In a small community in NSW’s Hunter Valley, a tree change is underway with farmers and landcarers busy planting thousands of native trees and shrubs to enhance wildlife corridors and safeguard the future of threatened birds and wildlife.
The project for Luskintyre, a farming community near Maitland, has been made possible thanks to a $38,000 grant from the Landcare Led Bushfires Recovery Grants Program, and is being guided by the recently established Luskintyre Landcare group.
So far, 30 volunteers have spent over 300 hours planting trees and shrubs on and around nine farms to help threatened birds like the Critically Endangered Regent Honeyeater.
Their goal is to plant more than 10,000 trees to increase habitat and food resources for all native species, including mammals, birds, reptiles, amphibians and insects that have been displaced by land clearing or bushfires and who depend on the diverse vegetation structure.
The project site closely borders habitat that is used by the threatened Regent Honeyeater and Swift Parrot. Further plantings of suitable species will give more habitat to help the survival of these birds and other wildlife,” explained John Schultz, Luskintyre Landcare president.”
When early explorers arrived in this part of the Hunter Valley, it was richly timbered. But then the Luskintyre area was logged and cleared for agricultural use. It is now largely bare of trees and shrubs, and ephemeral waterways are also devoid of natural species because of grazing management.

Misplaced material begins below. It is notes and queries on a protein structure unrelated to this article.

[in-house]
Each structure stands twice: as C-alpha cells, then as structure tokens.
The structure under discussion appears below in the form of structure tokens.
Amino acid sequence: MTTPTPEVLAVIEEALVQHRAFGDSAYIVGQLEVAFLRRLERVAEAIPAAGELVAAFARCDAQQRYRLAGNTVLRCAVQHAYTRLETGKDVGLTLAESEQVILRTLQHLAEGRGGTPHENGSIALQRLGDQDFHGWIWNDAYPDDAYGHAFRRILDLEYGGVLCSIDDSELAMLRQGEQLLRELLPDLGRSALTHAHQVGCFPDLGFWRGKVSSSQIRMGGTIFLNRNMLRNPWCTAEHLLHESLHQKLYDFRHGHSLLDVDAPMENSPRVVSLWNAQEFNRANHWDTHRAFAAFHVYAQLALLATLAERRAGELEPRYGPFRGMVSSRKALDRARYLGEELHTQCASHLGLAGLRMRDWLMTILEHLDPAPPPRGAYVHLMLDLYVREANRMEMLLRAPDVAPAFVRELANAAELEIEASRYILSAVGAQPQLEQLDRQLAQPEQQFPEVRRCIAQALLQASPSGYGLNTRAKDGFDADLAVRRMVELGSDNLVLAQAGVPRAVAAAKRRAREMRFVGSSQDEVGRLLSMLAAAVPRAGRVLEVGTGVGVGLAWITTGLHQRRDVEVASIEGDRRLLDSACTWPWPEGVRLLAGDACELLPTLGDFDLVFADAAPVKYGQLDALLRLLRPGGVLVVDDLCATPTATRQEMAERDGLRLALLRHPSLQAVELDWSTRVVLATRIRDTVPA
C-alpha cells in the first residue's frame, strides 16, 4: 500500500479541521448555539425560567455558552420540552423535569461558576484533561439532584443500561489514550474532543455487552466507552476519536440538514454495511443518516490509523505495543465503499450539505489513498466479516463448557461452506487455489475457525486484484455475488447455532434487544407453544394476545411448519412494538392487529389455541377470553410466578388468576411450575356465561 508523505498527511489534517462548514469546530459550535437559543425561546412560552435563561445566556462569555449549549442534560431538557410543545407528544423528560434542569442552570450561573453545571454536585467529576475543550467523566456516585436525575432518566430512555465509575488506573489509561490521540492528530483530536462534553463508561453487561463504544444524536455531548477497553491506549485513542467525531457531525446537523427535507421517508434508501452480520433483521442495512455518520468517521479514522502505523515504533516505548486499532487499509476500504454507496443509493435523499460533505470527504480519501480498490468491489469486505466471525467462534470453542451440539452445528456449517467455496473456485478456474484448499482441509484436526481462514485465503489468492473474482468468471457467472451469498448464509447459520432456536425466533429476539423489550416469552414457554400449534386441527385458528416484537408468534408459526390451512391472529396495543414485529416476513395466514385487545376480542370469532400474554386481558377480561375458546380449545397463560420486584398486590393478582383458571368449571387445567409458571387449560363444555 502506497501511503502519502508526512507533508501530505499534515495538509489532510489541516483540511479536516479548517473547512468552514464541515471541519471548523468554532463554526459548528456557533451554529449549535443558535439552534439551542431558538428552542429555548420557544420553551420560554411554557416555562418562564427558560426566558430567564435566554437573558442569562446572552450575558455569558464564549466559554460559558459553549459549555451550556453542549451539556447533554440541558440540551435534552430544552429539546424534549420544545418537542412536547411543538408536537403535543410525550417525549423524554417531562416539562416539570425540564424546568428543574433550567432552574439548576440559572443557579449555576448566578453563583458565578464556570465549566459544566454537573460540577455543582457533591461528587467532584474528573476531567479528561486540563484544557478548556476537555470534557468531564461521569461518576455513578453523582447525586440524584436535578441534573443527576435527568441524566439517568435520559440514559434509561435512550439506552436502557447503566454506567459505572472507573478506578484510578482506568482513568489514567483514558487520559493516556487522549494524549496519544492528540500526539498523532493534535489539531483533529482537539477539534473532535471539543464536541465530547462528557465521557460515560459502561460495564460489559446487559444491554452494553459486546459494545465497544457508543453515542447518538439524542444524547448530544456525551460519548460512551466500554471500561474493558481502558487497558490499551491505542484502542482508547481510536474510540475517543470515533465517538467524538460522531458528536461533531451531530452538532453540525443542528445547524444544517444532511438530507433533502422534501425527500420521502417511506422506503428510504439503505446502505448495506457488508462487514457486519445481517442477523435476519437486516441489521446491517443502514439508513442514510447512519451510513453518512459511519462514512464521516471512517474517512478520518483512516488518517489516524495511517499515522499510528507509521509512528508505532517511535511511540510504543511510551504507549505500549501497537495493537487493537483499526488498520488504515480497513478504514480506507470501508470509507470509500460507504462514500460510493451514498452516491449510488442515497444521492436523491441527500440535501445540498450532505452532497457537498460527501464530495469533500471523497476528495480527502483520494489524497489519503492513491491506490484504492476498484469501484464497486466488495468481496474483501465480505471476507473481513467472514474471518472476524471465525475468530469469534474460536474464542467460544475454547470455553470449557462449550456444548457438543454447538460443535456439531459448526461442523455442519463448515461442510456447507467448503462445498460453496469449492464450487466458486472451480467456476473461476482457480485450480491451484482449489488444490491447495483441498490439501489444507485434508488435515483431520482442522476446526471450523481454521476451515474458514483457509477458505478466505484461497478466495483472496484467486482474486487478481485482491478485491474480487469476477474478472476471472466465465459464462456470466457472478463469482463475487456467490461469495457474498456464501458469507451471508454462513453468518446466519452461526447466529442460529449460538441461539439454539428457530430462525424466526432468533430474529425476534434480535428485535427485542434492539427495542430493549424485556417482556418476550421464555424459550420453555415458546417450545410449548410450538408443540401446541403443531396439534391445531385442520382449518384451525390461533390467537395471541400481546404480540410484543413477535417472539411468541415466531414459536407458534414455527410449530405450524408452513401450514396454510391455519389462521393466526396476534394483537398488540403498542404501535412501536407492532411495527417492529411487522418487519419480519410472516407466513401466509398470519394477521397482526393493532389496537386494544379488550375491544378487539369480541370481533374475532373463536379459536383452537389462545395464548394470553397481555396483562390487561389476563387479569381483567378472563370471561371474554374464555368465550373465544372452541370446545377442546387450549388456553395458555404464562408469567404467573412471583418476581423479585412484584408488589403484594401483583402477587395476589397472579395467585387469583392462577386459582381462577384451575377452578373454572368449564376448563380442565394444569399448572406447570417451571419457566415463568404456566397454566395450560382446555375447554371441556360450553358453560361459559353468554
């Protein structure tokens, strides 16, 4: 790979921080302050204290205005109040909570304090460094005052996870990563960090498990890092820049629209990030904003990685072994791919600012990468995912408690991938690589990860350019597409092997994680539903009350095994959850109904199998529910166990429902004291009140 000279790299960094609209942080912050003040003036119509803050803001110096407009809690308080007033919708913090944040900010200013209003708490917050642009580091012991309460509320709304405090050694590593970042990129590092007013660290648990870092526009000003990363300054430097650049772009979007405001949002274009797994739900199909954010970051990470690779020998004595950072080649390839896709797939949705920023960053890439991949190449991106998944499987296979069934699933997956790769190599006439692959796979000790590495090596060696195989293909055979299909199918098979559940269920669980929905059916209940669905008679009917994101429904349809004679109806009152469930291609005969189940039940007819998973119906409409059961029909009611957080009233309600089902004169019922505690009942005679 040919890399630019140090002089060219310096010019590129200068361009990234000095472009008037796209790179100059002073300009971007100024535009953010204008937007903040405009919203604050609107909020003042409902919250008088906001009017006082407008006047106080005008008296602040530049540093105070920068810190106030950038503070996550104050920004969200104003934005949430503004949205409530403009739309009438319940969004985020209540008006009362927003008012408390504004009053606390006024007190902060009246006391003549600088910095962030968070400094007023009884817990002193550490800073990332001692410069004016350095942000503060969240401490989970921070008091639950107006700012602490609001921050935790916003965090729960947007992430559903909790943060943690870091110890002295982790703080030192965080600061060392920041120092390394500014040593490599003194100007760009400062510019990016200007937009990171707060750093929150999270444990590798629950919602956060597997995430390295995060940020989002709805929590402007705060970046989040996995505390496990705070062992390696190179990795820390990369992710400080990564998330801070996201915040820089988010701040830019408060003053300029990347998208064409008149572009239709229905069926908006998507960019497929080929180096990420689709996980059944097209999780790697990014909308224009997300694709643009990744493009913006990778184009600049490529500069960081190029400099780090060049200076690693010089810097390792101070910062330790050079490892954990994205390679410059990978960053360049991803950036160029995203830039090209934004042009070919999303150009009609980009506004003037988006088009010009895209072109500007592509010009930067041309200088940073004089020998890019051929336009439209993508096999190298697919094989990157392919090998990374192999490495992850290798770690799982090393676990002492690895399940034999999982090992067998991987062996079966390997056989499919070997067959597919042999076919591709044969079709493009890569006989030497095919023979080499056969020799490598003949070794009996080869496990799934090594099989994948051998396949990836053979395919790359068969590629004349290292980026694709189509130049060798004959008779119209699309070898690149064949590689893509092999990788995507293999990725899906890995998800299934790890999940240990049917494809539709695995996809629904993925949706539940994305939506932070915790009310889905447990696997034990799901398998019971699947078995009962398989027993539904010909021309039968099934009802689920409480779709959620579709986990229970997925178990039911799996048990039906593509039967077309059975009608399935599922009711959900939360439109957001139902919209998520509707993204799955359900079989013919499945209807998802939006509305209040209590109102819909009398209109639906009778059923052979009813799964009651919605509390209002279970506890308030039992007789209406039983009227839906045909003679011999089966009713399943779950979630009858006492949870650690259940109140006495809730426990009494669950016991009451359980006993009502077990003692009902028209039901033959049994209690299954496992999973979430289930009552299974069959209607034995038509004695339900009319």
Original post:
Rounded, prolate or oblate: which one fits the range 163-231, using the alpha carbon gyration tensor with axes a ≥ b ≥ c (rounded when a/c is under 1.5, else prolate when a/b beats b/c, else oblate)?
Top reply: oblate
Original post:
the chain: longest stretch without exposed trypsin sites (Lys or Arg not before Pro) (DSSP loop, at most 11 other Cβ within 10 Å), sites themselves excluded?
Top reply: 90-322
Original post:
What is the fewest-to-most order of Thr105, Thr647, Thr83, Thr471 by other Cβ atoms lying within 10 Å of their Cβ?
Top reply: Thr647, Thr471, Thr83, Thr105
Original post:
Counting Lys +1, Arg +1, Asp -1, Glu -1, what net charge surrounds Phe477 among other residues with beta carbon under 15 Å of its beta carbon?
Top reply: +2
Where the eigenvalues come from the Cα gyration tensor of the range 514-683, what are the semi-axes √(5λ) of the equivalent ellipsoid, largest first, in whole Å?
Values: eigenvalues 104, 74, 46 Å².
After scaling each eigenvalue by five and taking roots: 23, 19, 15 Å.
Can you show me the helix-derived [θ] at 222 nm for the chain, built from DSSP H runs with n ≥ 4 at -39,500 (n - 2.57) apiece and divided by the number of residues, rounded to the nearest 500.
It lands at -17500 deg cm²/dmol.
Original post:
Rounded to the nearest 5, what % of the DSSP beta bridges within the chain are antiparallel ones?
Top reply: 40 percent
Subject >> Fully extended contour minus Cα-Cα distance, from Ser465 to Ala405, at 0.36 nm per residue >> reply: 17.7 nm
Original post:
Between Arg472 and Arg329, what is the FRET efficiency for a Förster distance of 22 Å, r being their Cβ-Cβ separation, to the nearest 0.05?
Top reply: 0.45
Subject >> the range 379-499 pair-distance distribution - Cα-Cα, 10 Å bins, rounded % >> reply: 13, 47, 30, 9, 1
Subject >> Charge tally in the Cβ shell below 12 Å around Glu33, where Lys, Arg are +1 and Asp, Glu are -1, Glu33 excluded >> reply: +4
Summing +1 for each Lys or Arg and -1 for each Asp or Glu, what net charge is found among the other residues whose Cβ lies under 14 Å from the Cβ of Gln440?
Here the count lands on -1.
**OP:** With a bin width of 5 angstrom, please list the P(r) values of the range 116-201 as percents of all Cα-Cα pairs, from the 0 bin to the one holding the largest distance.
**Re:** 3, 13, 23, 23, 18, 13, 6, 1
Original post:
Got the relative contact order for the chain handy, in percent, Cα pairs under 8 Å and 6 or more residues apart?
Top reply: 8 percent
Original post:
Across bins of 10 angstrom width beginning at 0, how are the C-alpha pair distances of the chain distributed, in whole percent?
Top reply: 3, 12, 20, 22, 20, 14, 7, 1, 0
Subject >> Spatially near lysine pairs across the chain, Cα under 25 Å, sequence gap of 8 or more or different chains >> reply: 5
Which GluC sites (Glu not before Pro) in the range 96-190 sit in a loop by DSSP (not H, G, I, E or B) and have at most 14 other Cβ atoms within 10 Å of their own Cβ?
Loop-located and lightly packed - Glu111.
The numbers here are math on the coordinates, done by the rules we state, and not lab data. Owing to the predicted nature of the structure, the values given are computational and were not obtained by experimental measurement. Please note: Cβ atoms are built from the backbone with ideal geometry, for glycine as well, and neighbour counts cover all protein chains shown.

Increased urbanisation in Maitland’s City Council area, one of the fastest growing areas in the state, hasn’t helped either, pushing wildlife to its limits with reduced habitat and food sources available.
But the trees should make a difference. To date, 6,000 have been planted with more native plants on the way for planting in the coming months. Spotted Gum, Ironbarks, Hakeas and Wattles are just a few of the varieties being planted.
The bushfire funding will help extend two existing wildlife corridors, allow volunteers to revegetate around two areas of the Hunter River, one of which is zoned E2 (Environmental Conservation), and create stepping stones of habitat across nine farms, covering approximately 15 hectares.
The trees will also help make the soil richer and more productive for the farms.
Because of the coronavirus pandemic, each property owner has been planting out their own trees with no outside help. As restrictions have lifted, more volunteers have been able to get involved,” said Mr Schultz.
He said the project has really brought the community together and has been good for peoples’ wellbeing.
“In the 18 months since forming our group, our numbers have doubled, with new members joining each month.”
The Hunter Region Landcare Network (hunterlandcare.org.au) provided support in establishing the group, sourcing funding and getting projects on the ground. They provided volunteers teams to help plant the trees in Luskintyre.
Funded by the Australian Government, the $14million Landcare Led Bushfire Recovery Grants are supporting 111 projects in regions impacted by the Black Summer bushfires of 2019/2020.